Chike I, Patrick Anibeze PhD, FRSB (Lond)
Department of Anatomy, Faculty of Basic Medical Sciences, ESUT College of Medicine, Enugu.
The increasing life expectancy of humans has led to growing number of people with diseased organs. This is imposing a burden on bio-genetic engineering research to provide solutions for diseased organs. Although the third millennium is burgeoning greatly with significant advances in the realms of bio-genetic research, solutions to diseased organ replacement is still a subject of research with minimal target outcomes.
Such processes as xenotransplantation is receiving significant attention among scientists albeit with serious ethical issues. Xenotransplantation is any procedure that involves the use of live cells, tissues or organs from a nonhuman source for transplantation, implantation or infusion into a human recipient.
Recently in 2021, scientists at NYU Langone Health in the United States attached a genetically engineered edited breed of pig's kidney to a cadaver and watched it begin to work. The pig had been genetically edited to avoid the human intolerable sugar and immune system attack.For this procedure, the researchers had kept a diseased woman's body on a ventilator after her family had agreed to the experiment. The success of this research marks a significant step to the quest for the use of animal organs for live-saving transplants.
Pigs appear to have offered the best option for research success in xenotransplantation, but the hurdles are still numerous. For instance, some sugar in pig cells foreign to the human body is reported to cause immediate organ rejection. Although scientists have had to use a gene-edited pig, engineered to eliminate the immune system attacking sugar.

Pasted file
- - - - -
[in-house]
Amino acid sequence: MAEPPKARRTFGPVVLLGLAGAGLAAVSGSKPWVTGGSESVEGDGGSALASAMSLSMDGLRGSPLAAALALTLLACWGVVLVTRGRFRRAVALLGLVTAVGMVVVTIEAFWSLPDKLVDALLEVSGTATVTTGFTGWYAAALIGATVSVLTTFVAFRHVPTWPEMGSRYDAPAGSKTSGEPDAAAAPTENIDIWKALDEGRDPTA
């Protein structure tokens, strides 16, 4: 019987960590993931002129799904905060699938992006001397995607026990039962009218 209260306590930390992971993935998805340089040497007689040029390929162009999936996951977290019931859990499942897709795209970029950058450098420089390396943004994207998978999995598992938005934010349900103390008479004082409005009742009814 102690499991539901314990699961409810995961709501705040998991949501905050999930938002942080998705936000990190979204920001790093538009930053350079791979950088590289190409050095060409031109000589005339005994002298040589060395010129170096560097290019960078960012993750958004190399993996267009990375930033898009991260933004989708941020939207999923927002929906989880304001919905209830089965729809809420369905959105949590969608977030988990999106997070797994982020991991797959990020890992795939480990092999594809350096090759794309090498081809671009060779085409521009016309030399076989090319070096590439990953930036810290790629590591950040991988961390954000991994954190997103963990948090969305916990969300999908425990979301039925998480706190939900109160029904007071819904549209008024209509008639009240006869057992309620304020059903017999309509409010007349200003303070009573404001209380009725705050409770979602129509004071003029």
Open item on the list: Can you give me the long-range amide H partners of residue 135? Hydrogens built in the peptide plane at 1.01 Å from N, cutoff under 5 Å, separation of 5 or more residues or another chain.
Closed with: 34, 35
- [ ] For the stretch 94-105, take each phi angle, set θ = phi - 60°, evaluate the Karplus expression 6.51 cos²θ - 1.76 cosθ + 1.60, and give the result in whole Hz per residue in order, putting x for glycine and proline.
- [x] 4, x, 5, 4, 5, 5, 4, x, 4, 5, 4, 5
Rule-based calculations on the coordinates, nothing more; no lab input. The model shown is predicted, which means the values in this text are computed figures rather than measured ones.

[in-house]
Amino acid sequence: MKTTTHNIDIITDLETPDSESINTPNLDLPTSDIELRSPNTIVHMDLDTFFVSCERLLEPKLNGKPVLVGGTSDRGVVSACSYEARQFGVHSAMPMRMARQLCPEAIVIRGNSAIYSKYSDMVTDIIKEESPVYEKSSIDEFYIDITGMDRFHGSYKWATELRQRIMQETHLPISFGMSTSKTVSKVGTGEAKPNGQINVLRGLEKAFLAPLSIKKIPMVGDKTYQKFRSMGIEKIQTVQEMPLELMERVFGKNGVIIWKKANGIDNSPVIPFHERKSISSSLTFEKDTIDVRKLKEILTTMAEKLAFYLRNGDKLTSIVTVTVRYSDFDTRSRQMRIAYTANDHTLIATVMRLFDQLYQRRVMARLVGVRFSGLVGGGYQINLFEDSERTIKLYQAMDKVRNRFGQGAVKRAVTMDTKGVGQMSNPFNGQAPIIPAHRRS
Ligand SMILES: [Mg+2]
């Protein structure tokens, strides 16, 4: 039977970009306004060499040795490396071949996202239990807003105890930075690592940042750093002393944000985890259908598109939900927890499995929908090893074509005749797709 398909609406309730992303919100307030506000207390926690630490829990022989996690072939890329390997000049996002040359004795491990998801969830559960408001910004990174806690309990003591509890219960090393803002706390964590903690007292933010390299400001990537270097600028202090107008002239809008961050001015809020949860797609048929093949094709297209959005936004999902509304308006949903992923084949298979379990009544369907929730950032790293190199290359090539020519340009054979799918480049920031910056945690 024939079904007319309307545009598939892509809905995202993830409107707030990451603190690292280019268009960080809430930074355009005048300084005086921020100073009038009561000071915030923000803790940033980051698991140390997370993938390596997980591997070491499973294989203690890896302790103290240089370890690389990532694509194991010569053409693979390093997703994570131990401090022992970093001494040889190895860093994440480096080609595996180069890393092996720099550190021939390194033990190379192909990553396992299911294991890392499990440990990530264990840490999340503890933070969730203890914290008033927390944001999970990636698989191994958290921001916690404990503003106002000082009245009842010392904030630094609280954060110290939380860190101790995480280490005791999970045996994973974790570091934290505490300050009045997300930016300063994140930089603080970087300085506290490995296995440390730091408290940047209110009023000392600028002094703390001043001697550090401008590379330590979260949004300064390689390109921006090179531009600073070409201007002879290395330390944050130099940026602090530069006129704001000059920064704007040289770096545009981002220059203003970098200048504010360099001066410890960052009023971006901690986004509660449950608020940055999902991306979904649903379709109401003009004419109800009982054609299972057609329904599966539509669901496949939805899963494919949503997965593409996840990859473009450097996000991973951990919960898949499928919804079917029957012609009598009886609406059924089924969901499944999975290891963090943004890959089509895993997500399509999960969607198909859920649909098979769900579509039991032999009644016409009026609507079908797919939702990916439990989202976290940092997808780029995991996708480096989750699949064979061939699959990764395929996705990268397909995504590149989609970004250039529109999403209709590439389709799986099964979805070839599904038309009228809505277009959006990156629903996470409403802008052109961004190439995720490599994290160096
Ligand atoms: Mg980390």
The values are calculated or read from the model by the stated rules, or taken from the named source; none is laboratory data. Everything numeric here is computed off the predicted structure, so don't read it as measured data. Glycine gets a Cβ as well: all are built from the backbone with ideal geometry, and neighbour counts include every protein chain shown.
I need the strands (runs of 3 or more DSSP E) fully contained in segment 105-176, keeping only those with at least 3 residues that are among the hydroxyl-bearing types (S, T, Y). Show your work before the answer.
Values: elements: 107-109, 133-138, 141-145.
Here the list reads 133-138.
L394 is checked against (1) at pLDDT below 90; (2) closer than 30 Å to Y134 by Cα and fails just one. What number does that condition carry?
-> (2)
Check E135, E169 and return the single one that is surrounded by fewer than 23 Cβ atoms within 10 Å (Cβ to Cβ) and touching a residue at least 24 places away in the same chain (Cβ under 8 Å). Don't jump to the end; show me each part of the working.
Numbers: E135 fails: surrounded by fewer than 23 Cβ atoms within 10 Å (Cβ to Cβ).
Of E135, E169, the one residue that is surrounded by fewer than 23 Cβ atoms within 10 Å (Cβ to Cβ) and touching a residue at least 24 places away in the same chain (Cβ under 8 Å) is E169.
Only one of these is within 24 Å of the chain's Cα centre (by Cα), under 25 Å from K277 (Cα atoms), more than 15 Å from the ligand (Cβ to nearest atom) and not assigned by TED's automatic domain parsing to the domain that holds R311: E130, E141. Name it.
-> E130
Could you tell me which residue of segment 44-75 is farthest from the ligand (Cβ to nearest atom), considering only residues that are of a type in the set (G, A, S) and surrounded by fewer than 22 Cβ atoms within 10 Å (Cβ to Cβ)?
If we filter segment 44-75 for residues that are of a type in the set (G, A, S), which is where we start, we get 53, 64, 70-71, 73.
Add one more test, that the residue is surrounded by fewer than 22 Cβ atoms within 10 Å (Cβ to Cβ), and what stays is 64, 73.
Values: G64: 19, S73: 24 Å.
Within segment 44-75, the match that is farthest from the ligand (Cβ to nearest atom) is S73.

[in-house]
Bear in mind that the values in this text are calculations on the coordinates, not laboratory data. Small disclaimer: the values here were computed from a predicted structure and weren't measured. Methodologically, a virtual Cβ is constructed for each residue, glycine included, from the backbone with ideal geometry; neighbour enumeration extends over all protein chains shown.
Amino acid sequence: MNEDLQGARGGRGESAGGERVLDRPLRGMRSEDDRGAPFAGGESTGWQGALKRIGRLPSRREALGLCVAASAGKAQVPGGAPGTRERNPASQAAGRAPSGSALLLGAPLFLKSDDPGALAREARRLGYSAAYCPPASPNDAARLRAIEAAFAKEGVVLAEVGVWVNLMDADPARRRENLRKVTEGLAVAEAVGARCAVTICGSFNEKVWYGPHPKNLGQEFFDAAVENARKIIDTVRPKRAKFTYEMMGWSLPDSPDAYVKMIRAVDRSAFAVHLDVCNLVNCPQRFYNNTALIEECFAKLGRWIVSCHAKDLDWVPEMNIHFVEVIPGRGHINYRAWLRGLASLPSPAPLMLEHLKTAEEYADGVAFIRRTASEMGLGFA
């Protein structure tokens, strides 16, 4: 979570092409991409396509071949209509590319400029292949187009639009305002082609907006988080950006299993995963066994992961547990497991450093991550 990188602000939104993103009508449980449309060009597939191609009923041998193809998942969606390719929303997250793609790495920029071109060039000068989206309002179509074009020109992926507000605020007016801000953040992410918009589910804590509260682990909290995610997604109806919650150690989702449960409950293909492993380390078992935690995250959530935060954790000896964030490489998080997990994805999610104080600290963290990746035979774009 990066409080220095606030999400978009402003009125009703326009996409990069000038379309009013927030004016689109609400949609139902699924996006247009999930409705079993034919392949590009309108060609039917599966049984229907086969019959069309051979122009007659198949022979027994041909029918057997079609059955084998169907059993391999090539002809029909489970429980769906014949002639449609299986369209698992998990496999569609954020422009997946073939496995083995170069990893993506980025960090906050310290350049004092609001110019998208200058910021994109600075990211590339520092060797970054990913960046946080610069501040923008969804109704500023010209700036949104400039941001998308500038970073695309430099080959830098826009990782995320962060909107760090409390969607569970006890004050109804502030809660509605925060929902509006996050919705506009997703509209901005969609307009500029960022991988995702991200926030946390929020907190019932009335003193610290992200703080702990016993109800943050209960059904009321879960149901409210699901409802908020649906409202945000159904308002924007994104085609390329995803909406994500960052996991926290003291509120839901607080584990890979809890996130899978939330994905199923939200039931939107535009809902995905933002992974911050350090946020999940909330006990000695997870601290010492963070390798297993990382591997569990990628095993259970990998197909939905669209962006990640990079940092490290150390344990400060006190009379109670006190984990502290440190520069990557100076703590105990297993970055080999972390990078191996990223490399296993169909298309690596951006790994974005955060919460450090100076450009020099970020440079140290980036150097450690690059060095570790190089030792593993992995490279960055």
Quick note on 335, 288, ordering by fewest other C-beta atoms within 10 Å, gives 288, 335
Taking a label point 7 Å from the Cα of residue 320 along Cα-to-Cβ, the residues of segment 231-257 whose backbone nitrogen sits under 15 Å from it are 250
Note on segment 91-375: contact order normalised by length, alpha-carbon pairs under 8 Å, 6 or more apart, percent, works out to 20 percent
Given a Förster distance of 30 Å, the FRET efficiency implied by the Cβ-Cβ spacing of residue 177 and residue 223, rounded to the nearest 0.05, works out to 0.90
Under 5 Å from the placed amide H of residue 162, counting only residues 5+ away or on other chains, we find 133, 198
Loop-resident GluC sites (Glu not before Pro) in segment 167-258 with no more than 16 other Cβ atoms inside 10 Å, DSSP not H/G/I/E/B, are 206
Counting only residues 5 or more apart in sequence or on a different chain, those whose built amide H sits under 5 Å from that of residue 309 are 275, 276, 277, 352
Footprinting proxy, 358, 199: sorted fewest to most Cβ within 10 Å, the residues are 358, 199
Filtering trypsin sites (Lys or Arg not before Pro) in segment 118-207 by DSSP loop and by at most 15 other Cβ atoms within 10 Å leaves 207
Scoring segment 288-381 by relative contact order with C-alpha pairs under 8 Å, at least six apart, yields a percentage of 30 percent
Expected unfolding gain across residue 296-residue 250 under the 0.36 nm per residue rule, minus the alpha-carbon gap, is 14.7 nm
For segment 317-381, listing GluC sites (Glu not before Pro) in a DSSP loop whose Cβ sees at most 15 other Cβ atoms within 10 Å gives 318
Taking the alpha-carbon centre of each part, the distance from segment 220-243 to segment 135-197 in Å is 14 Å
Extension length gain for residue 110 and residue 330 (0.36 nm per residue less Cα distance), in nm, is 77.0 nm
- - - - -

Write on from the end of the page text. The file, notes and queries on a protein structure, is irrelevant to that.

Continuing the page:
Xenotransplantation is not a new concept. The dream of transferring bodily organs from animals to humans goes back to antiquity, as articulated in the myth of Daedalus and Icarus in Greek mythology. By the 17th century the possibility of transferring animal organs to humans came into practice with stumbling attempts to use animal blood for transfusions. Xenotransfusion of blood from lambs to humans were recorded as far back as 1667 (Aristizabal et al 2017). Similarly, clinical use of animal organs such as the transplantation of a rabbit kidney to humans was documented in 1905 (Nagarian 2003).
Advancing to the 20th century researchers were already attempting transplants of organs from baboons to humans. Of particular interest is the story of the Baby Fae, a dying infant, who lived 21 days with a transplanted baboon heart.
The recent giant steps made in the field of xenotransplantation at the NYU Langone Health offers significant hope for solving organ ailments. This is more so when the recent transplant of a pair of large blood vessels outside the body of a diseased recipient for two days had the kidney adequately filter the waste and produced urine without triggering any immune rejection. This feat performed has been described by notable scientists as a significant step in the right direction.